Is the Religious Backlash Against Noah and Cosmos Justified?

In theory, Noah and Cosmos are nothing alike. One is a multimillion-dollar action film based on one of the most well-known and beloved biblical narratives in history. The other is a geeky science show that delves into the inner-workings of the universe.

Yet these two disparate productions share at least one big thing: fired-up backlash from religious fundamentalists.

Noah has sparked ire for its very loose interpretation of the Bible. Apparently, turning scripture into an action-packed 3-D extravaganza requires some, er, artistic liberties. Plus, its director, Darren Aronofsky, is an out atheist, which as you can imagine is not sitting well with the devout crowd. Here's how a writer for Creationist Today put it when referring to Aronofksy:

You have to wonder, is this atheist just seeing if he can make fun of the Bible and get Christians to pay for it?

Ouch! Some are even mad about the very shape of the ark, proving that you really, truly can't please 'em all.

As for Cosmos, it too has fundamentalists up in arms, primarily for overlooking creationism in its assessment of the origin of the universe. It has also boldly—and rather shockingly, considering it airs on Fox—not shied away from criticizing religious dogma outright. An extended animated segment in the first show focused on Giordano Bruno, who was persecuted by the church for sharing his theory that Earth wasn't the center of the universe. The show reveals the torture devices used against him, and even makes the pope look like Jafar in a papal hat—not the kind of stuff religious folks are keen to embrace.

The question is . . . is the backlash justified? Well, yes and no. While it'd be easy to dismiss the rantings as those of far-right nutjobs, I'd argue that the Noah outcry is actually justified, where the Cosmos ire is not.

Here's why: Noah cravenly seems to want it both ways. It's taken a very popular biblical passage that it knows resonates with religious people around the world and blatantly marketed it as a celebration of the scripture. Then (wink wink) it's taken tons of sly liberties to sell tickets to the non-devout as well.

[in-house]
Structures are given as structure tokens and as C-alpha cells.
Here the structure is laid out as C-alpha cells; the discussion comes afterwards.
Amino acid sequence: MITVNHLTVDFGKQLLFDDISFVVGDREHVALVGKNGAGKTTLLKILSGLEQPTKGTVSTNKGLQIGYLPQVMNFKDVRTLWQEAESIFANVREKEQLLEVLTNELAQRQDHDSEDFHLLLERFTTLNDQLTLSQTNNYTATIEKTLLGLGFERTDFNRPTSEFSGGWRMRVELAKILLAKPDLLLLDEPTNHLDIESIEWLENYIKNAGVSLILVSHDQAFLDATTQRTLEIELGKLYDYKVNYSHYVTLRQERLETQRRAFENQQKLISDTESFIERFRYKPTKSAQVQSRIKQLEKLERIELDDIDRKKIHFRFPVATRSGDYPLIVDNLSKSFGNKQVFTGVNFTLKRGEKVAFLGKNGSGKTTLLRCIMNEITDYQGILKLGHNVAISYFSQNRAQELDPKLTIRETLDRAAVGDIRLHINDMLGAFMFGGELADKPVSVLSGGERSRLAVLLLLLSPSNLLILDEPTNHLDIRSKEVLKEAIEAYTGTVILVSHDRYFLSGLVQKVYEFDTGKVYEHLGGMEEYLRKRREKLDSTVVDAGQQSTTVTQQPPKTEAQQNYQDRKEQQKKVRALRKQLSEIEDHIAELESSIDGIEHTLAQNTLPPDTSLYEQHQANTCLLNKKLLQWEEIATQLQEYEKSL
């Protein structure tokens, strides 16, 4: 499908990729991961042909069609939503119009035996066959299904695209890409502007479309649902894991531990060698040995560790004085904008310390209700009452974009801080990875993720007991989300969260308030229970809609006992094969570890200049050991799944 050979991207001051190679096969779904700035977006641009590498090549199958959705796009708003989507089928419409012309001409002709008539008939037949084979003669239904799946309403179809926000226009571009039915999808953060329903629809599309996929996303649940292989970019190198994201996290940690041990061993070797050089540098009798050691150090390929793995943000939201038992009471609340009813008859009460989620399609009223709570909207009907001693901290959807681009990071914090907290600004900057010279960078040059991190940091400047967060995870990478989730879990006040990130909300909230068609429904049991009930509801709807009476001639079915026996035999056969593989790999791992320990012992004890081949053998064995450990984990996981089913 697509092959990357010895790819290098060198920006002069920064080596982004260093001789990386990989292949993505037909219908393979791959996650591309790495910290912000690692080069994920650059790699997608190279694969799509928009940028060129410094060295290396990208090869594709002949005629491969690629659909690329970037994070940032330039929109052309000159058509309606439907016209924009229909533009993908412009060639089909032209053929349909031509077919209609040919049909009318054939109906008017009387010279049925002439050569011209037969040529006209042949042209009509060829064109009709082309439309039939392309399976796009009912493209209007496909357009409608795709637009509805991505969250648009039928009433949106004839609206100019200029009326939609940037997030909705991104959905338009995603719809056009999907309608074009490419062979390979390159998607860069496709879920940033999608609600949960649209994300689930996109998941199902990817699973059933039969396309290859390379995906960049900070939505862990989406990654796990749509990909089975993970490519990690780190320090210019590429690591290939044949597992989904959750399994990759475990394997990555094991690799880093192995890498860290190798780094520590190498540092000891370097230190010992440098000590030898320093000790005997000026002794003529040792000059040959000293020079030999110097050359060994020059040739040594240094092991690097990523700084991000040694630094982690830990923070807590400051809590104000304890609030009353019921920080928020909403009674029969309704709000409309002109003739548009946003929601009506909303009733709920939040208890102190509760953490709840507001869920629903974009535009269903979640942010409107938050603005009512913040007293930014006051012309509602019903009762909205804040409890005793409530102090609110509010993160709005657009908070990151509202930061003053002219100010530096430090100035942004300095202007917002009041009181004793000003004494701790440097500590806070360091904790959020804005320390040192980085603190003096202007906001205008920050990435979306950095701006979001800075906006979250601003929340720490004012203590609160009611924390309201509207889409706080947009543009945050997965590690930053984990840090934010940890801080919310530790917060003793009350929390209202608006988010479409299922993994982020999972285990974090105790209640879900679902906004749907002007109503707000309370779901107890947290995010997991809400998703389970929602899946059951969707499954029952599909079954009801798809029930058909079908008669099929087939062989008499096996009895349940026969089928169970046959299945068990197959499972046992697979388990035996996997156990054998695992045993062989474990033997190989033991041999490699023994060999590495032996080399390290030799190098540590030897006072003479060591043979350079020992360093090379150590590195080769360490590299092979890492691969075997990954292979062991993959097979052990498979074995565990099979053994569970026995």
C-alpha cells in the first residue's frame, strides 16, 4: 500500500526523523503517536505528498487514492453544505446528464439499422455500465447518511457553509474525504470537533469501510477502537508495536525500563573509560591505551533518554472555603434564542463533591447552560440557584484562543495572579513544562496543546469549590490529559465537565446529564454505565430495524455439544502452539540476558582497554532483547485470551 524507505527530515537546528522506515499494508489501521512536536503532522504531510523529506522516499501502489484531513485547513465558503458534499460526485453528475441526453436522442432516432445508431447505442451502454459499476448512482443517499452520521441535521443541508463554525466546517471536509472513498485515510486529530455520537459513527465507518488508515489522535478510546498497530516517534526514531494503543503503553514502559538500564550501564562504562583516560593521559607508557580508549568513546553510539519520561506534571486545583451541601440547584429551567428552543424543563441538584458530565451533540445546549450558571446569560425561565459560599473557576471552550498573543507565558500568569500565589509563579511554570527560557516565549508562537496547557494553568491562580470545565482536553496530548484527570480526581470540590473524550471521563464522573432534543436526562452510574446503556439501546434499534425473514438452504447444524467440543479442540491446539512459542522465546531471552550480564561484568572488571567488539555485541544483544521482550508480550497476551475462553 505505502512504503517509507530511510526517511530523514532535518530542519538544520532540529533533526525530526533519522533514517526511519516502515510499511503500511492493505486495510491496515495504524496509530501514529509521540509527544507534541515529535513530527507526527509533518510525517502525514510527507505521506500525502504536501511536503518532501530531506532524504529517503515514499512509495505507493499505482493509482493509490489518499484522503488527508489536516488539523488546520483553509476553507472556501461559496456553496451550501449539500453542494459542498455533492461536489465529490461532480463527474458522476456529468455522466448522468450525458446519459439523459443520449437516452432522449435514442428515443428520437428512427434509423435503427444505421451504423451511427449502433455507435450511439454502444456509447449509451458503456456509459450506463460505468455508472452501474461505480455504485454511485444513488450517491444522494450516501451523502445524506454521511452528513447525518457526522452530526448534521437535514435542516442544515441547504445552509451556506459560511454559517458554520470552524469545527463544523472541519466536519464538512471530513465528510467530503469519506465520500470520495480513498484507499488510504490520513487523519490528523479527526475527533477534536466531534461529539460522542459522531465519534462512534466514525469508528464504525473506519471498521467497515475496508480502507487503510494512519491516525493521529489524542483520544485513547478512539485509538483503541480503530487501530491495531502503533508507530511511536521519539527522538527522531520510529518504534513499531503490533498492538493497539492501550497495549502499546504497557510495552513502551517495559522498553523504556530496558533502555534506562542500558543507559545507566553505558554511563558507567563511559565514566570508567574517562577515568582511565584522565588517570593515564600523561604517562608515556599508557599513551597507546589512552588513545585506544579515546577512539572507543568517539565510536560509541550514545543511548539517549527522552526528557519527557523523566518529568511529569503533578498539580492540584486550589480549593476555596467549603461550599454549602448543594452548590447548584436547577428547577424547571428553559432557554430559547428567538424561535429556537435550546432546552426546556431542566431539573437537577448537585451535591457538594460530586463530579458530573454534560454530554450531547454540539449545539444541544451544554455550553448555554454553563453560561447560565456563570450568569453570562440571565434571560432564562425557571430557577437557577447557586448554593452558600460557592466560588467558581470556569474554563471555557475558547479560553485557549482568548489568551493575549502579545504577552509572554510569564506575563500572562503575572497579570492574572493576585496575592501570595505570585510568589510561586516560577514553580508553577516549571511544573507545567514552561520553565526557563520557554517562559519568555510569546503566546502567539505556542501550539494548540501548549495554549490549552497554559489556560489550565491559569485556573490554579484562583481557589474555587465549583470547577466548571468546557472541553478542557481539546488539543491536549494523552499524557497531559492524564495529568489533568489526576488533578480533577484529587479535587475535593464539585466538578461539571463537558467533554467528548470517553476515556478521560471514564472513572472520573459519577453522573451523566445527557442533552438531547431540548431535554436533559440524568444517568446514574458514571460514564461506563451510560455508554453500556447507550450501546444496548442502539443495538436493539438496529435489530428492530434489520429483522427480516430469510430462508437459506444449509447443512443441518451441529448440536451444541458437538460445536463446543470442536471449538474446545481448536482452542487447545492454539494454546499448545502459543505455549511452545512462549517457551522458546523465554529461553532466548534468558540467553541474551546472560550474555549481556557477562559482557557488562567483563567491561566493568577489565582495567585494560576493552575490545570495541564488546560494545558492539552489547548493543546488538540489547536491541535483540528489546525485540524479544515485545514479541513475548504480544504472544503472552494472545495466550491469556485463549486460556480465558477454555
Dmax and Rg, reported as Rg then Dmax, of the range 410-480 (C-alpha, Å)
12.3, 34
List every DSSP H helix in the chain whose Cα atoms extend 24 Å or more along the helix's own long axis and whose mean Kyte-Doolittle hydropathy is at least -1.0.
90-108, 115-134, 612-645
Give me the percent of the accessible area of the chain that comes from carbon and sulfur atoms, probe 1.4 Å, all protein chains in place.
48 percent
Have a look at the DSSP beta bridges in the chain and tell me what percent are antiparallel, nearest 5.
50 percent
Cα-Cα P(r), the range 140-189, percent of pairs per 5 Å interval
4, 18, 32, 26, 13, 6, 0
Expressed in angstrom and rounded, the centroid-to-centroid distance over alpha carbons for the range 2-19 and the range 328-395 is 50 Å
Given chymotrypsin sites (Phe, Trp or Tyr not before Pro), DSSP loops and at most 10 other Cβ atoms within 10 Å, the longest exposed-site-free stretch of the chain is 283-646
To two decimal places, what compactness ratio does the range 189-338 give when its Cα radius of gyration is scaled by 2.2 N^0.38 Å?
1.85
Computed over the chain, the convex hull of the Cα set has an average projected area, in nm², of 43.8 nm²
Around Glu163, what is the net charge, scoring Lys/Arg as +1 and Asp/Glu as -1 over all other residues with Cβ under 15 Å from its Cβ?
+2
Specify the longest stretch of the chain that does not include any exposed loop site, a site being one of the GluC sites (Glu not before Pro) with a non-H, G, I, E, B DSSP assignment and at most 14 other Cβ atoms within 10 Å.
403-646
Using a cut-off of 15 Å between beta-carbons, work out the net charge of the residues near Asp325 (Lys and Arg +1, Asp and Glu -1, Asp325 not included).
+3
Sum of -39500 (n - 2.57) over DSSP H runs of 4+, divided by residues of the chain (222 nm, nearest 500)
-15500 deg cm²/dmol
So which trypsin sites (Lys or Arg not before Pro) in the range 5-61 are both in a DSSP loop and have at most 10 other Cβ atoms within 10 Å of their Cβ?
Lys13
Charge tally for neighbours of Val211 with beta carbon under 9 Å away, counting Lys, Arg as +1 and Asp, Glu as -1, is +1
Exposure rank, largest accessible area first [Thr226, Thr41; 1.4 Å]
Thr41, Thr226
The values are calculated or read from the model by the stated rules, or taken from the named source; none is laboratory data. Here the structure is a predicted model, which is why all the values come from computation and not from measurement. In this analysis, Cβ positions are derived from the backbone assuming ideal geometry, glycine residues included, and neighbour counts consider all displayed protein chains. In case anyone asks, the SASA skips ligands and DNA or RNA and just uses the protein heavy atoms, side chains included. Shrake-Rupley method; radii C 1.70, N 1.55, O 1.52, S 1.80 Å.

Producers even acquiesced to the demands of fundamentalists by adding this ridiculous, pandering disclaimer to the film's website, ads and trailer:

The film is inspired by the story of Noah. While artistic license has been taken, we believe that this film is true to the essence, values and integrity of a story that is a cornerstone of faith for millions of people worldwide. The biblical story can be found in the book of Genesis.

If the movie wants to change up or challenge Biblical passages, it should absolutely be able to do that. If it wants to celebrate the Bible and market itself as such, fine. But trying to be subversive while appealing to the pocketbooks of the devout is annoyingly duplicitous.

Cosmos, conversely, is openly dedicated to exploring science, which has legitimately come up against dangerous religious dogma over the course of history. It hasn't ever marketed itself as anything other than what it is, or tried to make itself different to lure more viewers. Moreover, it actually celebrates religion in an authentic, thoughtful way. We learn that Bruno, for example, felt connected to something bigger and greater that God created and others didn't understand. He was challenged by the institution of religion, but was actually a faithful man who saw his beliefs as existing in harmony with scientific curiosity.

This is a profound idea that that at once celebrates and challenges our notions of faith, making Cosmos a production that the religious and non-religious alike should celebrate. The same, alas, can't be said for Noah, a blood-soaked action flick that turns scripture into a shameless, money-grabbing plot gimmick. In Noah v. Cosmos, the nerd show wins. 

Image: Wikimedia Commons

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